Ramsey SD, Saint S, Sullivan SD, Dey L, Kelley K, Bowdle A: Clinical and economic effects of pulmonary artery catheterization in nonemergent coronary artery bypass graft surgery. J Cardiothorac Vasc Anesth 2000; 14: 113–8Ramsey, SD Saint, S Sullivan, SD Dey, L Kelley, K Bowdle, A
Gómez CM, Palazzo MG: Pulmonary artery catheterization in anaesthesia and intensive care. Br J Anaesth 1998; 81: 945–56Gómez, CM Palazzo, MG
Hines R, Griffin M: Pulmonary artery catheterization, Clinical Monitoring: Practical Applications for Anesthesia and Critical Care. Edited by Lake CL, Hines RL, Blitt CD. Philadelphia, Saunders, 2001, pp 204–36
Jastremski MS, Chelluri L, Beney KM, Bailly RT: Analysis of the effects of continuous on-line monitoring of mixed venous oxygen saturation on patient outcome and cost-effectiveness. Crit Care Med 1989; 17: 148–53Jastremski, MS Chelluri, L Beney, KM Bailly, RT
Vedrinne C, Bastien O, De Varax R, Blanc P, Durand PG, Du Gres B, Bouvier H, Saroul C, Lehot JJ: Predictive factors for usefulness of fiberoptic pulmonary artery catheter for continuous oxygen saturation in mixed venous blood monitoring in cardiac surgery. Anesth Analg 1997; 85: 2–10Vedrinne, C Bastien, O De Varax, R Blanc, P Durand, PG Du Gres, B Bouvier, H Saroul, C Lehot, JJ
Orlando R 3rd: Continuous mixed venous oximetry in critically ill surgical patients:“High-tech” cost-effectiveness. Arch Surg 1986; 121: 470–1Orlando, R
Larson LO, Kyff JV: The cost-effectiveness of Oximetrix pulmonary artery catheters in the postoperative care of coronary artery bypass graft patients. J Cardiothorac Anesth 1989; 3: 276–9Larson, LO Kyff, JV
Pearson KS, Gomez MN, Moyers JR, Carter JG, Tinker JH: A cost/benefit analysis of randomized invasive monitoring for patients undergoing cardiac surgery. Anesth Analg 1989; 69: 336–41Pearson, KS Gomez, MN Moyers, JR Carter, JG Tinker, JH
Cernaianu AC, DelRossi AJ, Boatman GA, Moore MW, Posner MA, Cilley JH Jr, Baldino WA, Santos ZL: Continuous venous oximetry for hemodynamic and oxygen transport stability post cardiac surgery. J Cardiovasc Surg (Torino) 1992; 33: 14–20Cernaianu, AC DelRossi, AJ Boatman, GA Moore, MW Posner, MA Cilley, JH Baldino, WA Santos, ZL
Colonna-Romano P, Horrow JC: Dissociation of mixed venous oxygen saturation and cardiac index during opioid induction. J Clin Anesth 1994; 6: 95–8Colonna-Romano, P Horrow, JC
Jubran A, Mathru M, Dries D, Tobin MJ: Continuous recordings of mixed venous oxygen saturation during weaning from mechanical ventilation and the ramifications thereof. Am J Respir Crit Care Med 1998; 158: 1763–9Jubran, A Mathru, M Dries, D Tobin, MJ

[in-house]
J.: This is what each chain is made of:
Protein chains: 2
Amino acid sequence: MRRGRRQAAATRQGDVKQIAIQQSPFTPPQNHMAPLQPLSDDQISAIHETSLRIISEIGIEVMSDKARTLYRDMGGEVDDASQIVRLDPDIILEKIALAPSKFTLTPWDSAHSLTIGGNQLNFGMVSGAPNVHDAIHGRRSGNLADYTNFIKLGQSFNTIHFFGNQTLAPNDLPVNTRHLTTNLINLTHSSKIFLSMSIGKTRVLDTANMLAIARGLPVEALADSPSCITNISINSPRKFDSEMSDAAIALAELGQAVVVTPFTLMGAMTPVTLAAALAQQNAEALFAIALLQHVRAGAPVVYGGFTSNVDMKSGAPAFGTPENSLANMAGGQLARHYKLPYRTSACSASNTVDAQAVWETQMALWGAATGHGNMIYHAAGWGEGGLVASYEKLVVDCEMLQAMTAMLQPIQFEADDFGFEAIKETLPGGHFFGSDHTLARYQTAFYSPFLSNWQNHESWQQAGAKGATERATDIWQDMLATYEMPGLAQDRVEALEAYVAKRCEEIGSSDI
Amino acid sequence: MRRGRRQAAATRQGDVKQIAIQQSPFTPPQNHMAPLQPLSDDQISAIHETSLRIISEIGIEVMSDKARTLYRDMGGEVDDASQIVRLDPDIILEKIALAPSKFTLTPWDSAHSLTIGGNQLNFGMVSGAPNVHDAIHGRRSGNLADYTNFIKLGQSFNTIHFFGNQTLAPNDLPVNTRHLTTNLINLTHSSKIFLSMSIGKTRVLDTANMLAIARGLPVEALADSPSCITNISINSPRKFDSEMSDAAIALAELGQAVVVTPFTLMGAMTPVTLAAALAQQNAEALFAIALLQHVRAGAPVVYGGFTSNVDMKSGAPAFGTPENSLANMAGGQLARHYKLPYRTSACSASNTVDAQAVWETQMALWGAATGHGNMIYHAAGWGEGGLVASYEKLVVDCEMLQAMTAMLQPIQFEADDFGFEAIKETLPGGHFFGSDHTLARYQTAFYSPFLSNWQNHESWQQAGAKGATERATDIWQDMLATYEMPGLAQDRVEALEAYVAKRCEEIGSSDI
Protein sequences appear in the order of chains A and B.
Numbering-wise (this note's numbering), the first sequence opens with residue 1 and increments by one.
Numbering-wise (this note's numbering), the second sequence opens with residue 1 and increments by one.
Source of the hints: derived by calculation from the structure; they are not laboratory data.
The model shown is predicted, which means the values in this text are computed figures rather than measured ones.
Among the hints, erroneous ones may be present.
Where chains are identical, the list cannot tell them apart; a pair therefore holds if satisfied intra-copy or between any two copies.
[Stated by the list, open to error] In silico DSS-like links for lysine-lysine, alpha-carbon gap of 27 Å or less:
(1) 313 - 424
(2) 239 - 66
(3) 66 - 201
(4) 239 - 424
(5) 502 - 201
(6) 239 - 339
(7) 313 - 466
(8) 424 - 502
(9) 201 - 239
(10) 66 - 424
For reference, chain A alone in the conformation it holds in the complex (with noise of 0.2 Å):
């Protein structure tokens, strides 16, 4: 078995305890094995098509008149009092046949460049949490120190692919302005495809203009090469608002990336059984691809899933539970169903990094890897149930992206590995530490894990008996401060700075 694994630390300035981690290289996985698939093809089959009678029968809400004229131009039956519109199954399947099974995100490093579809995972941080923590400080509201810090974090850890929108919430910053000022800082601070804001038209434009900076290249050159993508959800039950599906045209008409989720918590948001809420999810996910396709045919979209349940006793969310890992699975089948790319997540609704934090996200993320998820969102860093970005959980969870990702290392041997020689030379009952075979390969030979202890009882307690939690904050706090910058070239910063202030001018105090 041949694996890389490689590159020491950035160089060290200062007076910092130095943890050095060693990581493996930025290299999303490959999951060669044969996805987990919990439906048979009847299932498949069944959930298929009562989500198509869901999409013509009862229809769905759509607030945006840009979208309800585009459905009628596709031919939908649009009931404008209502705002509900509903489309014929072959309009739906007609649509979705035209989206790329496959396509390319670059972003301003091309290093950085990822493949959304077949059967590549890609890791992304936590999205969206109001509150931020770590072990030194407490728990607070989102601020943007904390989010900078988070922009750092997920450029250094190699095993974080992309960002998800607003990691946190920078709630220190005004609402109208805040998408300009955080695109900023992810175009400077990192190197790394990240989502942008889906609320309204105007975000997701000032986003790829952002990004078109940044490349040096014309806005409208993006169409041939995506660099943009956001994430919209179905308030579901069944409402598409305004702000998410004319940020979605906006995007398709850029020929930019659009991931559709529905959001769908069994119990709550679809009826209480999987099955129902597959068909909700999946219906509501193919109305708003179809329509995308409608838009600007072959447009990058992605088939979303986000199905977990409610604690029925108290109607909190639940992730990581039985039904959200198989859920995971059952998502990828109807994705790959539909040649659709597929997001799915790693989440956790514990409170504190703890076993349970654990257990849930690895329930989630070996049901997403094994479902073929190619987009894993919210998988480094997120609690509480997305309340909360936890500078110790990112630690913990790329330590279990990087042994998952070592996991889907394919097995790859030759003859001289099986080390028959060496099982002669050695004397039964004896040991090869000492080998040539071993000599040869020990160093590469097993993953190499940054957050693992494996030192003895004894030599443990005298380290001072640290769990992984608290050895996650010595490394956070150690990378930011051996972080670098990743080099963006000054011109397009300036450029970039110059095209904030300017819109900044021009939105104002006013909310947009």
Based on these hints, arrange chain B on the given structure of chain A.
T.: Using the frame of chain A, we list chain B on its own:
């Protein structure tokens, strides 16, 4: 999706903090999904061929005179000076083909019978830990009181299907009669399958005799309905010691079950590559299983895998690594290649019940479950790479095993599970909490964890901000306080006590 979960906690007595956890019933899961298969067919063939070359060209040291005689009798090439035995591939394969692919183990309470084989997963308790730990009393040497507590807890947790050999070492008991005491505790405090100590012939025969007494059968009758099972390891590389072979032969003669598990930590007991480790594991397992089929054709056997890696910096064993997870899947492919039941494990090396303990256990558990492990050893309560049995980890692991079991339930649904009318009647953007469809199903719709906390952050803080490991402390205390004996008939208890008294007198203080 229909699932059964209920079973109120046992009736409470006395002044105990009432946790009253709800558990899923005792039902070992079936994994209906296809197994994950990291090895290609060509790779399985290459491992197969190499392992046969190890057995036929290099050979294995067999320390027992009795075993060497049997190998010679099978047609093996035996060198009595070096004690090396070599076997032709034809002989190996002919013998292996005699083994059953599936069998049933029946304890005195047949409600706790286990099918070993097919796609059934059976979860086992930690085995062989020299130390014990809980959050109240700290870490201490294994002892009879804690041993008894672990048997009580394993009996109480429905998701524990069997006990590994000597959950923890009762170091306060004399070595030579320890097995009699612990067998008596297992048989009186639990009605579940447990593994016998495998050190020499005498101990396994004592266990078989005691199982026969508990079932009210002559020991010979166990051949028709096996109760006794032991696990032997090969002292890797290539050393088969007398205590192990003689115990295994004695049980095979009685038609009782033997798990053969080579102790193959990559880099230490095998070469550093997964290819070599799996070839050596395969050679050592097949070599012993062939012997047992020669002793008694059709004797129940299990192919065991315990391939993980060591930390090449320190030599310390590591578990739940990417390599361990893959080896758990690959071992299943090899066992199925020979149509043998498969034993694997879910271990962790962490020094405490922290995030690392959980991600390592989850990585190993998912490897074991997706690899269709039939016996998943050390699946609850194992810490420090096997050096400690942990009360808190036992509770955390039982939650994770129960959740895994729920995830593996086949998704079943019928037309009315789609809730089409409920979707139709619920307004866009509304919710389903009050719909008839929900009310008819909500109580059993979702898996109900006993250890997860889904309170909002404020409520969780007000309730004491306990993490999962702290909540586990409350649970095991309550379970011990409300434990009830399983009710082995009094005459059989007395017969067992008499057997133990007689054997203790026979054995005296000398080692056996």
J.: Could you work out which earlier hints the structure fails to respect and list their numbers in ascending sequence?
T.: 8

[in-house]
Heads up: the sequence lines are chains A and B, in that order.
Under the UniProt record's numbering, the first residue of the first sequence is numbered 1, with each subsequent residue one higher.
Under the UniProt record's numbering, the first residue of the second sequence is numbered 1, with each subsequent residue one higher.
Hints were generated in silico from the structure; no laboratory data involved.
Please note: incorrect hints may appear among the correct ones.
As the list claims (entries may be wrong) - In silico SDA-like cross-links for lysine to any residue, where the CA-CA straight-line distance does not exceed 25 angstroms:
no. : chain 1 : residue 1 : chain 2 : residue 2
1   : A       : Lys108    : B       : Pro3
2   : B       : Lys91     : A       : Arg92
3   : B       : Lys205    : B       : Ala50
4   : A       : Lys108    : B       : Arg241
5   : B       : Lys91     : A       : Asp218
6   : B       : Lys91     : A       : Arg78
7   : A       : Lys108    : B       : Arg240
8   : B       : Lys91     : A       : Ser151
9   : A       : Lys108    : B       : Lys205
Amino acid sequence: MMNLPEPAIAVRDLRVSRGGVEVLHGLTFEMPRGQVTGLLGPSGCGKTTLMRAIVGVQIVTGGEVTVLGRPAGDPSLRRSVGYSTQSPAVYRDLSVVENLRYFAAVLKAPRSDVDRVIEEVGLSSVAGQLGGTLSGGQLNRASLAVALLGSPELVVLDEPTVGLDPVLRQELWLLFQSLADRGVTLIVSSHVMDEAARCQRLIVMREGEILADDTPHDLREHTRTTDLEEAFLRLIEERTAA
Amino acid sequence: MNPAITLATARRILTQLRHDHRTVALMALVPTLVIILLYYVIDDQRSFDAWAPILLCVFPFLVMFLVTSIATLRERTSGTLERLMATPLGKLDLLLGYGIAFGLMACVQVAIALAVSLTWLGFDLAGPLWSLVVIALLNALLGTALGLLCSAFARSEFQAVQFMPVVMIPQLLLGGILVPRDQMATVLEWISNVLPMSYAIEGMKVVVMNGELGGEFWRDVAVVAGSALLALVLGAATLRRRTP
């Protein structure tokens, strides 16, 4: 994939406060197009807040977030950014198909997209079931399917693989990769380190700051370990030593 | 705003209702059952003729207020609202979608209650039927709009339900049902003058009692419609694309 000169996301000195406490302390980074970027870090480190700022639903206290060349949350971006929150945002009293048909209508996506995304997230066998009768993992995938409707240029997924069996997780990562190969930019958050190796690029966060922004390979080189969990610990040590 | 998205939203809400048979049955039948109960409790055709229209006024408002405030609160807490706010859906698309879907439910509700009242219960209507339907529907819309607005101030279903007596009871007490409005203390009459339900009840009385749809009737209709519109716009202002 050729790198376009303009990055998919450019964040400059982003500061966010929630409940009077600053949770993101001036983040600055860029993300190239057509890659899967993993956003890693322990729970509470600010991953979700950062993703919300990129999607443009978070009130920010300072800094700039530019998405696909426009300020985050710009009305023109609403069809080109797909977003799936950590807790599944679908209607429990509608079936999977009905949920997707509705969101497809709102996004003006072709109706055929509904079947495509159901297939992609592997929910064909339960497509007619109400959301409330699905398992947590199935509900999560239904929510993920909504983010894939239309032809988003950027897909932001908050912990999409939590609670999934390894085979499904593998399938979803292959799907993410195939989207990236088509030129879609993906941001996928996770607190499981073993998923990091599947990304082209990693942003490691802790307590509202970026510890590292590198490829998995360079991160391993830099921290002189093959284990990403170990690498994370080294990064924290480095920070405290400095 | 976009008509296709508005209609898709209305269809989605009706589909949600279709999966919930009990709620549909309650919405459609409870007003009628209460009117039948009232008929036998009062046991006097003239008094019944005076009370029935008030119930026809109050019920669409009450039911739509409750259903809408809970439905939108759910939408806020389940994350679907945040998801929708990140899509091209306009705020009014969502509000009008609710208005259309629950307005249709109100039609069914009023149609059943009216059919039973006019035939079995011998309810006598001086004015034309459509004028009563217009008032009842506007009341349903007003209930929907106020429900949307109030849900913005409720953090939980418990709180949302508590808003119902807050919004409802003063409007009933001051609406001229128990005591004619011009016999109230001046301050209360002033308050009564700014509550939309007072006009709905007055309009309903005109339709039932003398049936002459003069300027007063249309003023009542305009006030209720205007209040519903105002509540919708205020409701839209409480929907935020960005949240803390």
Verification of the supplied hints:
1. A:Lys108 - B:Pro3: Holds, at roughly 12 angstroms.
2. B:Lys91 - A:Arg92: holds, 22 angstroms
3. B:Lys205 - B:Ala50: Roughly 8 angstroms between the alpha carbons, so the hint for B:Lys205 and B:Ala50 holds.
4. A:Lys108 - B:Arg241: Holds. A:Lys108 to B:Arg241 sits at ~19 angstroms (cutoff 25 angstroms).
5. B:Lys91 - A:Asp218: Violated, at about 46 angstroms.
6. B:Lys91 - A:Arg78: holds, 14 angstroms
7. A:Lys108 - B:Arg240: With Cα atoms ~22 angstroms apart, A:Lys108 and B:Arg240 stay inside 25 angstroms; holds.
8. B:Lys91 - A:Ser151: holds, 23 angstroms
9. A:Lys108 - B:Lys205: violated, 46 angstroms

Shroyer AL, London MJ, VillaNueva CB, Sethi GK, Marshall G, Moritz TE, Henderson WG, McCarthy MJ Jr, Grover FL, Hammermeister KE: The Processes, Structures, and Outcomes of Care in Cardiac Surgery study protocol. Med Care 1995; 33: OS17–25Shroyer, AL London, MJ VillaNueva, CB Sethi, GK Marshall, G Moritz, TE Henderson, WG McCarthy, MJ Grover, FL Hammermeister, KE
Grover FL, Shroyer AL, Hammermeister KE: Calculating risk and outcome: The Veterans Affairs database. Ann Thorac Surg 1996; 62: S6–11Grover, FL Shroyer, AL Hammermeister, KE
Daley J, Henderson WG, Khuri SF: Risk-adjusted surgical outcomes. Annu Rev Med 2001; 52: 275–87Daley, J Henderson, WG Khuri, SF
Higgins TL, Estafanous FG, Loop FD, Beck GJ, Lee JC, Starr NJ, Knaus WA, Cosgrove DMR: ICU admission score for predicting morbidity and mortality risk after coronary artery bypass grafting. Ann Thorac Surg 1997; 64: 1050–8Higgins, TL Estafanous, FG Loop, FD Beck, GJ Lee, JC Starr, NJ Knaus, WA Cosgrove, DMR
London MJ, Shroyer AL, Coll JR, MaWhinney S, Fullerton DA, Hammermeister KE, Grover FL: Early extubation following cardiac surgery in a veterans population. A nesthesiology 1998; 88: 1447–58London, MJ Shroyer, AL Coll, JR MaWhinney, S Fullerton, DA Hammermeister, KE Grover, FL
Hanley JA, McNeil BJ: The meaning and use of the area under a receiver operating characteristic (ROC) curve. Radiology 1982; 143: 29–36Hanley, JA McNeil, BJ
Hosmer DW, Taber S, Lemeshow S: The importance of assessing the fit of logistic regression models: A case study. Am J Public Health 1991; 81: 1630–5Hosmer, DW Taber, S Lemeshow, S
Shroyer AL, London MJ, Sethi GK, Marshall G, Grover FL, Hammermeister KE: Relationships between patient-related risk factors, processes, structures, and outcomes of cardiac surgical care: Conceptual models. Med Care 1995; 33: OS26–34Shroyer, AL London, MJ Sethi, GK Marshall, G Grover, FL Hammermeister, KE
London MJ, Shroyer AL, Grover FL, Sethi GK, Moritz TE, Henderson WG, VillaNueva CB, Tobler HG, McCarthy MJJ, Hammermeister KE: Evaluating anesthesia health care delivery for cardiac surgery: The role of process and structure variables. Med Care 1995; 33: OS66–75London, MJ Shroyer, AL Grover, FL Sethi, GK Moritz, TE Henderson, WG VillaNueva, CB Tobler, HG McCarthy, MJJ Hammermeister, KE
Hammermeister KE, Shroyer AL, Sethi GK, Grover FL: Why it is important to demonstrate linkages between outcomes of care and processes and structures of care. Med Care 1995; 33: OS5–16Hammermeister, KE Shroyer, AL Sethi, GK Grover, FL
Hammermeister KE, Burchfiel C, Johnson R, Grover FL: Identification of patients at greatest risk for developing major complications at cardiac surgery. Circulation 1990; 82: IV380–9Hammermeister, KE Burchfiel, C Johnson, R Grover, FL
Daley J, Khuri SF, Henderson W, Hur K, Gibbs JO, Barbour G, Demakis J, Irvin GR, Stremple JF, Grover F, McDonald G, Passaro E Jr, Fabri PJ, Spencer J, Hammermeister K, Aust JB, Oprian C: Risk adjustment of the postoperative morbidity rate for the comparative assessment of the quality of surgical care: Results of the National Veterans Affairs Surgical Risk Study. J Am Coll Surg 1997; 185: 328–40Daley, J Khuri, SF Henderson, W Hur, K Gibbs, JO Barbour, G Demakis, J Irvin, GR Stremple, JF Grover, F McDonald, G Passaro, E Fabri, PJ Spencer, J Hammermeister, K Aust, JB Oprian, C